Please note that Evan Jowers and Robert Kinney are still in Hong Kong and will stay FOR THE REMAINDER OF THIS WEEK. We still have a handful of available slots for meetings with our Asia Chronicles fans. If we have not been in touch lately, reach out and let us know when we could meet! There is no need for an agenda at all. Most of our in-person meetings on these trips are with folks who understand that improving a legal practice through lateral hiring is an information-driven process that takes time to handle correctly.
Regarding trends in lateral US associate hiring in Hong Kong, we of course keep much of what we know off of this blog. Based on placement revenue, though, Kinney is having one of our most successful years ever in Asia. We are helping a number of our law firm clients with M&A, fund formation, cap markets, project finance, FCPA and disputes openings. These are very specific needs in many cases, so a conversation with us before jumping in may be helpful. As always, we like to be sure to get the maximum number of interviews per submission, using a well-informed, highly targeted, and selective approach, taking into account short, medium and long-term career aims.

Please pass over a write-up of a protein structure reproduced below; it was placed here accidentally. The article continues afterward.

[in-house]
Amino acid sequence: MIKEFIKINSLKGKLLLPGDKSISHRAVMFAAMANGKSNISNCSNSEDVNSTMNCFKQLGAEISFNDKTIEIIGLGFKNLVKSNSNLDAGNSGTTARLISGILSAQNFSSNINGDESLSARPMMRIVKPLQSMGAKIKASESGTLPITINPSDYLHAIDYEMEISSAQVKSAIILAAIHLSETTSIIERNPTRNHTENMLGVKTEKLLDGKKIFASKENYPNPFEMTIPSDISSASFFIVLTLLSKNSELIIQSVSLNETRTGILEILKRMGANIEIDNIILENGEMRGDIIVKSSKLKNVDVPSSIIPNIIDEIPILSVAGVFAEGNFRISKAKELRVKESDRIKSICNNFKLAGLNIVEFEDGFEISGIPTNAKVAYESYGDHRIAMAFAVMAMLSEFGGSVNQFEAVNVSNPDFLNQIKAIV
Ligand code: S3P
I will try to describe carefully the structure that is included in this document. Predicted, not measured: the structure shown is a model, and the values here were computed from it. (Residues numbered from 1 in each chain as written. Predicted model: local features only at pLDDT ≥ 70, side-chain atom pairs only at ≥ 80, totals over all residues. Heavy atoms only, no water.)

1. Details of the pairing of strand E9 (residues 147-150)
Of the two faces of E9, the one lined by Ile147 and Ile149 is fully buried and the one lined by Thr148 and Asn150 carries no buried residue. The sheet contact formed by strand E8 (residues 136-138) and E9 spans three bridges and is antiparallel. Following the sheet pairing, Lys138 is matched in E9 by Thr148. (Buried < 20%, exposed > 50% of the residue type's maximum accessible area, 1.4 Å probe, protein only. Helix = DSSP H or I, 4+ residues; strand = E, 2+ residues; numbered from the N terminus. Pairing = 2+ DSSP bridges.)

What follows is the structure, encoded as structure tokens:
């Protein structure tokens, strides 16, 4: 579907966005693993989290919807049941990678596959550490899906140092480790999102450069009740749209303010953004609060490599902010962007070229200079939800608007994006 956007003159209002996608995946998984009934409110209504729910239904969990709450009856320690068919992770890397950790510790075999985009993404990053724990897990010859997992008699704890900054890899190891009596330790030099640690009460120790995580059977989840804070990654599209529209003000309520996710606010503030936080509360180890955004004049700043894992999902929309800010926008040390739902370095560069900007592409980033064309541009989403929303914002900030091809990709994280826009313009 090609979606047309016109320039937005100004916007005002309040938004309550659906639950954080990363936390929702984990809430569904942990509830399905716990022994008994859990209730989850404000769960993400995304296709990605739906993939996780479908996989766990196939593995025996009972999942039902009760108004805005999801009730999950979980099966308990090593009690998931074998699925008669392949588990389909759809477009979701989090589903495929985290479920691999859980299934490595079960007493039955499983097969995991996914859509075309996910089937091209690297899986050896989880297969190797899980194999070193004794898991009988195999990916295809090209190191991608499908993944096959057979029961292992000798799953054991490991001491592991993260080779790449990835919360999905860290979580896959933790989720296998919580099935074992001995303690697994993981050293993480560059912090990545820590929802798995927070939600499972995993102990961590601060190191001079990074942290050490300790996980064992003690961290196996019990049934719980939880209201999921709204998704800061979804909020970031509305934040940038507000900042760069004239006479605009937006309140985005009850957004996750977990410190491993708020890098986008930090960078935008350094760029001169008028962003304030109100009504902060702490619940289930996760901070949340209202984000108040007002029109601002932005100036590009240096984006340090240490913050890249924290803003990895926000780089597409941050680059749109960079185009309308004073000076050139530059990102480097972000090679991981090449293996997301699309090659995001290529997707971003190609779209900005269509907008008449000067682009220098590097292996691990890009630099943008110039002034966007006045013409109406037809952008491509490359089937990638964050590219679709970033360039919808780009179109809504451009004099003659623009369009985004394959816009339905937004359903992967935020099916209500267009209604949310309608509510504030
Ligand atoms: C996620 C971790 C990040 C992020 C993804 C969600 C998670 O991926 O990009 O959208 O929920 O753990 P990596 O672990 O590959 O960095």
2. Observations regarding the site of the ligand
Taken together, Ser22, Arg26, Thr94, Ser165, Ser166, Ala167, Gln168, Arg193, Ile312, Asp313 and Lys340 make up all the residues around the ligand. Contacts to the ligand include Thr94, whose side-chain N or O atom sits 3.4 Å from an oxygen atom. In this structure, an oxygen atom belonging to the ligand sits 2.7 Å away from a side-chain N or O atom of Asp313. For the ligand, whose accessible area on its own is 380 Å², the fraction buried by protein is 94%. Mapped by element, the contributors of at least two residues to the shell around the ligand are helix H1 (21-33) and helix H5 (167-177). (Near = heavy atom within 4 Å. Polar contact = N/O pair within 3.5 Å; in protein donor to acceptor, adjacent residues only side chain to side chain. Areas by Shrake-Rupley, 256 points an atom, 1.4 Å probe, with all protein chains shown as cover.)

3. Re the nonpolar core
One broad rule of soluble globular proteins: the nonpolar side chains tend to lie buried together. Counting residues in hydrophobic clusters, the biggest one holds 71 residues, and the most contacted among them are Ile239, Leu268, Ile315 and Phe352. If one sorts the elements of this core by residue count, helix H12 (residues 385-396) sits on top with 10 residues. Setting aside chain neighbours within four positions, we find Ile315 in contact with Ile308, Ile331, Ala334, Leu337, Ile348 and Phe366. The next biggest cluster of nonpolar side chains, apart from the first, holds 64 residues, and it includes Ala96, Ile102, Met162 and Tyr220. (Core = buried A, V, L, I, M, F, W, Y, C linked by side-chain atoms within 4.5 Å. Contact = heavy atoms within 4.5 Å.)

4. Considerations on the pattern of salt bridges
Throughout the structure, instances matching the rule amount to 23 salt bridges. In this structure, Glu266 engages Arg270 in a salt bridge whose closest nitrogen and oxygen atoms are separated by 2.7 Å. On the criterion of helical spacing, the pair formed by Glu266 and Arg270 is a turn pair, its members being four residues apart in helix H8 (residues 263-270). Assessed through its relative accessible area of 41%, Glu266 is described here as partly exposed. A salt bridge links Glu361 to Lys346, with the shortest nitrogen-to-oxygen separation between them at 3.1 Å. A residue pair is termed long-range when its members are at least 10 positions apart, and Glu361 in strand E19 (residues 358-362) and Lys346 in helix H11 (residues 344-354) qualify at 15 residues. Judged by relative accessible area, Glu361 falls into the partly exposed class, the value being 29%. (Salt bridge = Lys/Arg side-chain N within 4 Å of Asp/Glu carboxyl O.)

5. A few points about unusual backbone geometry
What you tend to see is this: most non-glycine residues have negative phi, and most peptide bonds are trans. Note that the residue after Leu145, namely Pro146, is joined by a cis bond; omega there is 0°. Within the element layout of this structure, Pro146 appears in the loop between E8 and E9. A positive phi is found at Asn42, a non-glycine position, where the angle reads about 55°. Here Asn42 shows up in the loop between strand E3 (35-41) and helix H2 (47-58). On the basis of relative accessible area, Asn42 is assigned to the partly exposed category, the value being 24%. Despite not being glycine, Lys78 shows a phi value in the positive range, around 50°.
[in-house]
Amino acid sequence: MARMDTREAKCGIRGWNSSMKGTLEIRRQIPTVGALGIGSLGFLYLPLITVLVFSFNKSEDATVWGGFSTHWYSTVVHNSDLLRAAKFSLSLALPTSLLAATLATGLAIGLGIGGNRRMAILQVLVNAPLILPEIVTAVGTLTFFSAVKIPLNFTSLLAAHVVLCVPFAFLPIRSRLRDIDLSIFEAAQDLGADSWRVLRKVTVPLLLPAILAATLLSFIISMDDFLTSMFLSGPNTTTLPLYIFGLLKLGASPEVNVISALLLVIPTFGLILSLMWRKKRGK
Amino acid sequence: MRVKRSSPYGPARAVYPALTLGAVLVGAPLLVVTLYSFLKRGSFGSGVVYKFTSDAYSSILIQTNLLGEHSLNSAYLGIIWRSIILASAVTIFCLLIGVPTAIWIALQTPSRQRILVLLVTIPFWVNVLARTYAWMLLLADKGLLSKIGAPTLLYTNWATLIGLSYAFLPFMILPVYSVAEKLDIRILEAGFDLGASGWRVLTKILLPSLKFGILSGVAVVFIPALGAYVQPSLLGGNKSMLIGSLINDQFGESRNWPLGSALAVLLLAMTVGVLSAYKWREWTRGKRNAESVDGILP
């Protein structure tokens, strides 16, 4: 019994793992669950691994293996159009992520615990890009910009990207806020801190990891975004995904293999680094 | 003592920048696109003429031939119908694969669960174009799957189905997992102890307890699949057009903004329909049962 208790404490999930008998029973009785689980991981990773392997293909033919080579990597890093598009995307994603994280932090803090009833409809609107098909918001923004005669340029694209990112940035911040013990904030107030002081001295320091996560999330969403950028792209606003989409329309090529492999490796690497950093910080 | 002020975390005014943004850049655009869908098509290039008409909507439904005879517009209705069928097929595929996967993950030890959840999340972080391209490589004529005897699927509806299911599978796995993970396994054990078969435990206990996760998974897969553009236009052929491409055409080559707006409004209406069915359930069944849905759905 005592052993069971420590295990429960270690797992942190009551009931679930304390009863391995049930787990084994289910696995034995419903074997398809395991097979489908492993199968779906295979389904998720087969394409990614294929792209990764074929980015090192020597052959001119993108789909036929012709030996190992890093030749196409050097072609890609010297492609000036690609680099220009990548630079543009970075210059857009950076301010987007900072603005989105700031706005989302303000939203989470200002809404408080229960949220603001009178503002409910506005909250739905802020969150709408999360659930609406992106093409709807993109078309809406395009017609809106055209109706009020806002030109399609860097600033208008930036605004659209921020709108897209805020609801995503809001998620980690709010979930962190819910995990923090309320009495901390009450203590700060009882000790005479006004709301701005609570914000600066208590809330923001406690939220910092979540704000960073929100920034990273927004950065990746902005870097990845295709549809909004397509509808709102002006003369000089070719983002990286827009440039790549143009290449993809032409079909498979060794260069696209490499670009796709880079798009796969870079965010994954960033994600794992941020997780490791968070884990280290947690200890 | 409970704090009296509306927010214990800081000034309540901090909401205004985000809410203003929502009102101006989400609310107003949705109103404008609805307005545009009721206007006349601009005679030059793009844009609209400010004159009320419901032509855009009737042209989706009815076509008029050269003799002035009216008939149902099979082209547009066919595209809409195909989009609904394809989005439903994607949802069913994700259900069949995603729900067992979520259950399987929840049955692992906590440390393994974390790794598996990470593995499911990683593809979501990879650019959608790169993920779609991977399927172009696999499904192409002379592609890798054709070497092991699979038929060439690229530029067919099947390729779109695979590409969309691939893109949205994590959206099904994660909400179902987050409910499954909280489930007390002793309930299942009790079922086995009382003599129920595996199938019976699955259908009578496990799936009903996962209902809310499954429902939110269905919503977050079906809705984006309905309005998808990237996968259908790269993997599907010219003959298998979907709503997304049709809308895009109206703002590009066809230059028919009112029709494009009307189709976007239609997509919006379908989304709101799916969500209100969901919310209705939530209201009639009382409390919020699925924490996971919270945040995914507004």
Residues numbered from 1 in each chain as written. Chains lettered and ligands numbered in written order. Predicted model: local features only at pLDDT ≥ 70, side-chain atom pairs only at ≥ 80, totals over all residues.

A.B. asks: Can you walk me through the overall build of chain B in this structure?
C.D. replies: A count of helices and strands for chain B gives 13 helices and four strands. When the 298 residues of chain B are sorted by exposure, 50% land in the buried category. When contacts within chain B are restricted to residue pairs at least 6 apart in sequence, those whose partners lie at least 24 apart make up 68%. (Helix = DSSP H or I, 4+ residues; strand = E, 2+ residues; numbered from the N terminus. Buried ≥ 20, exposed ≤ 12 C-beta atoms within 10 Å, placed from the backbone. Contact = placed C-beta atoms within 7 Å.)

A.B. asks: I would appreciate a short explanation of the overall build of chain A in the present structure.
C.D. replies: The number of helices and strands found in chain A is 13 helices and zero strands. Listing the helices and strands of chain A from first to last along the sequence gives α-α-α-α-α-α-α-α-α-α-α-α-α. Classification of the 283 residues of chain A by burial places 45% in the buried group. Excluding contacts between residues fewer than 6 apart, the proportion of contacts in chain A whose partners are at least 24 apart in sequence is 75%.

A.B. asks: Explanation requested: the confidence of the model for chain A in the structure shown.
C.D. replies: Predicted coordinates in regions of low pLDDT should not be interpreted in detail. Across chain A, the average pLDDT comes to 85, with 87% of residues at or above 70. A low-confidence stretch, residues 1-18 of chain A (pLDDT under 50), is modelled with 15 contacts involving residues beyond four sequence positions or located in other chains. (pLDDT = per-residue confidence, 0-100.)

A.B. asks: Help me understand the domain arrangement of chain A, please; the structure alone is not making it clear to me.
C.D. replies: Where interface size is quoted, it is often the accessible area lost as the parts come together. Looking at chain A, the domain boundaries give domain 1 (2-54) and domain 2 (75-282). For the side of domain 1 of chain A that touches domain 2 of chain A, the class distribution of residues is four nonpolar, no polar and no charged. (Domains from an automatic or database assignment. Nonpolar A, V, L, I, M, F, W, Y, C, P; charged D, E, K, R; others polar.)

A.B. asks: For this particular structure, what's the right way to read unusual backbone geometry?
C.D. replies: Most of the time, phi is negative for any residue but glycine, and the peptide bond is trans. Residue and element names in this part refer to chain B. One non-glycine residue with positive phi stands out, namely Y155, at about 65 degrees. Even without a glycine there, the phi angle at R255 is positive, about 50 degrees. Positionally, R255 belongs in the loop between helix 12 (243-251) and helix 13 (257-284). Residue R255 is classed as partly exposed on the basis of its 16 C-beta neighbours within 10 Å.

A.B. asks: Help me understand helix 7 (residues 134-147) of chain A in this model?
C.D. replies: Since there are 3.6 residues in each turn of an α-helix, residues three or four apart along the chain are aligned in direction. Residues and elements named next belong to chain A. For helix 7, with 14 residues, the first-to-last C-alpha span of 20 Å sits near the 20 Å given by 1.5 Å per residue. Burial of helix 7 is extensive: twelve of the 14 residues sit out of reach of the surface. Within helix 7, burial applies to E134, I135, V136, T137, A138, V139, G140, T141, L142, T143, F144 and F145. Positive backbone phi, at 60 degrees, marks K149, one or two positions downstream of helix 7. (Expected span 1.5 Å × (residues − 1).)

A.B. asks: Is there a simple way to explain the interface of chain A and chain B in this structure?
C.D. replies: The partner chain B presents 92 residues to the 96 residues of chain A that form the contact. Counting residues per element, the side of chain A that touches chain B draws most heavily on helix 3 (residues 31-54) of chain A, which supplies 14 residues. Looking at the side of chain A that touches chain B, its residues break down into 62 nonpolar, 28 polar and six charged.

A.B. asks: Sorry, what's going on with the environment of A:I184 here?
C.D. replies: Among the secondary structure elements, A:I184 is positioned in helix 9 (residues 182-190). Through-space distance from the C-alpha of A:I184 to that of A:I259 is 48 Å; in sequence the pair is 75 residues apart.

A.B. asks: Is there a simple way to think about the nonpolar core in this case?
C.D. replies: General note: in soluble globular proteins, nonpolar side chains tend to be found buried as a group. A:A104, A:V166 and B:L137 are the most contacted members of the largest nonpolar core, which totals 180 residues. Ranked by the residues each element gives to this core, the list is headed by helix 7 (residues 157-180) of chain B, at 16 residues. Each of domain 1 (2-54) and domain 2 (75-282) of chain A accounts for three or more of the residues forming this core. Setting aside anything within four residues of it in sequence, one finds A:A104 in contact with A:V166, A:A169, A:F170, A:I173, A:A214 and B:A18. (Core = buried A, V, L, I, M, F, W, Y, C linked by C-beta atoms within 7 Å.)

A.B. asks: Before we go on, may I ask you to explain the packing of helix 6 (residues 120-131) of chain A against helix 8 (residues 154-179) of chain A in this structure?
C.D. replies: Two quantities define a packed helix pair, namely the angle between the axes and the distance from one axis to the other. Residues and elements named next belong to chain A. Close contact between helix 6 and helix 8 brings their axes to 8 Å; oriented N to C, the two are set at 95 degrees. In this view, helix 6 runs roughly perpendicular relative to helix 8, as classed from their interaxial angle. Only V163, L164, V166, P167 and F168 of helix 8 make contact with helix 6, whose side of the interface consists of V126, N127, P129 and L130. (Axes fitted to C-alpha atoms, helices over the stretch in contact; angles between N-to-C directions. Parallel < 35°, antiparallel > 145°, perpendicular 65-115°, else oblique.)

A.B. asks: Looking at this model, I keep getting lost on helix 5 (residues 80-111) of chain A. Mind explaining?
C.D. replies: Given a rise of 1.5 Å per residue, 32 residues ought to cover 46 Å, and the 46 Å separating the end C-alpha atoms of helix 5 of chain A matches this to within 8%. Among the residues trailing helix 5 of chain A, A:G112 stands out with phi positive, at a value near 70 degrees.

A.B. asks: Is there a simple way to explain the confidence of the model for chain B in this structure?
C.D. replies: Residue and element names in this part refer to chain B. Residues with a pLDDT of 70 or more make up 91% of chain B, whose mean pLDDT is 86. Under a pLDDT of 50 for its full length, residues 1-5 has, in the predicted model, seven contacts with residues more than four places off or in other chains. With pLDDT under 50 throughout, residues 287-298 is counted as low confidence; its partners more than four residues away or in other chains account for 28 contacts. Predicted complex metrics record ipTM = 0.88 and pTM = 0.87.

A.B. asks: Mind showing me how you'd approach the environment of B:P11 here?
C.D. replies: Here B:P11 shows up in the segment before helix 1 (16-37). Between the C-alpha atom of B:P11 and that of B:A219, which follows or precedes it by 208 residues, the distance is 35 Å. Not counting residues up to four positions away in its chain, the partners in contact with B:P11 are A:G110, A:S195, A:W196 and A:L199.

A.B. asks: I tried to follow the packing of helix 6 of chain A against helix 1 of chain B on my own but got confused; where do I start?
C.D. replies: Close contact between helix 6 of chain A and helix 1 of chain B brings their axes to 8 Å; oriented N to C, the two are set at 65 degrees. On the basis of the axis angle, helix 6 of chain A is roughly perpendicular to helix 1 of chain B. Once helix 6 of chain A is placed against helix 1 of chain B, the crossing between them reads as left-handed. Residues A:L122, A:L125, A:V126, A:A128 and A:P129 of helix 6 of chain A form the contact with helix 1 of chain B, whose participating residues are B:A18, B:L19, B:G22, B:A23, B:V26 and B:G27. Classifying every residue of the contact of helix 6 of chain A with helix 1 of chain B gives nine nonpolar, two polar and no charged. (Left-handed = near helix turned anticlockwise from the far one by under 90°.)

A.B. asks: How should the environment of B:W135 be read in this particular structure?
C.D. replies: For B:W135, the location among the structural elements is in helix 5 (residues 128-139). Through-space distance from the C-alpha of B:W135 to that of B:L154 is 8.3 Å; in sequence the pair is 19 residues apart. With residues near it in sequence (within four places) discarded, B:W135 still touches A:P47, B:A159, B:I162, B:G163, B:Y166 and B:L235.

Making a well informed decision during a job search is easier said than done – the information we provide comes from 10 years of being the market leader in US attorney placements at the top tier firms in Asia. There is no substitute for having known a hiring partner since he/she was an associate or for having helped a partner grow his or her practice from zip to zooming, and this is happily where we stand today – with years of background information on just about every relevant person in all the markets we serve, and most especially in Hong Kong/China/Greater Asia. So get in touch and get a download from us this week if we can fit it in, or soon in any case!
The legal industry is being disrupted at every level by technological advances. While legal tech entrepreneurs and innovators are racing to create a more efficient and productive future, there is widespread indifference on the part of attorneys toward these emerging technologies.
When the LexisNexis Cloud Technology Survey results were reported earlier this year, it showed that attorneys were starting to peer less skeptically into the future, and slowly but surely leaning more toward all the benefits the law cloud has to offer.
Because let’s face it, plenty of attorneys are perhaps a bit too comfortable with their “system” of practice management, which may or may not include neon highlighters, sticky notes, dog-eared file folders, and a word processing program that was last updated when the term “raise the roof” was still de rigueur.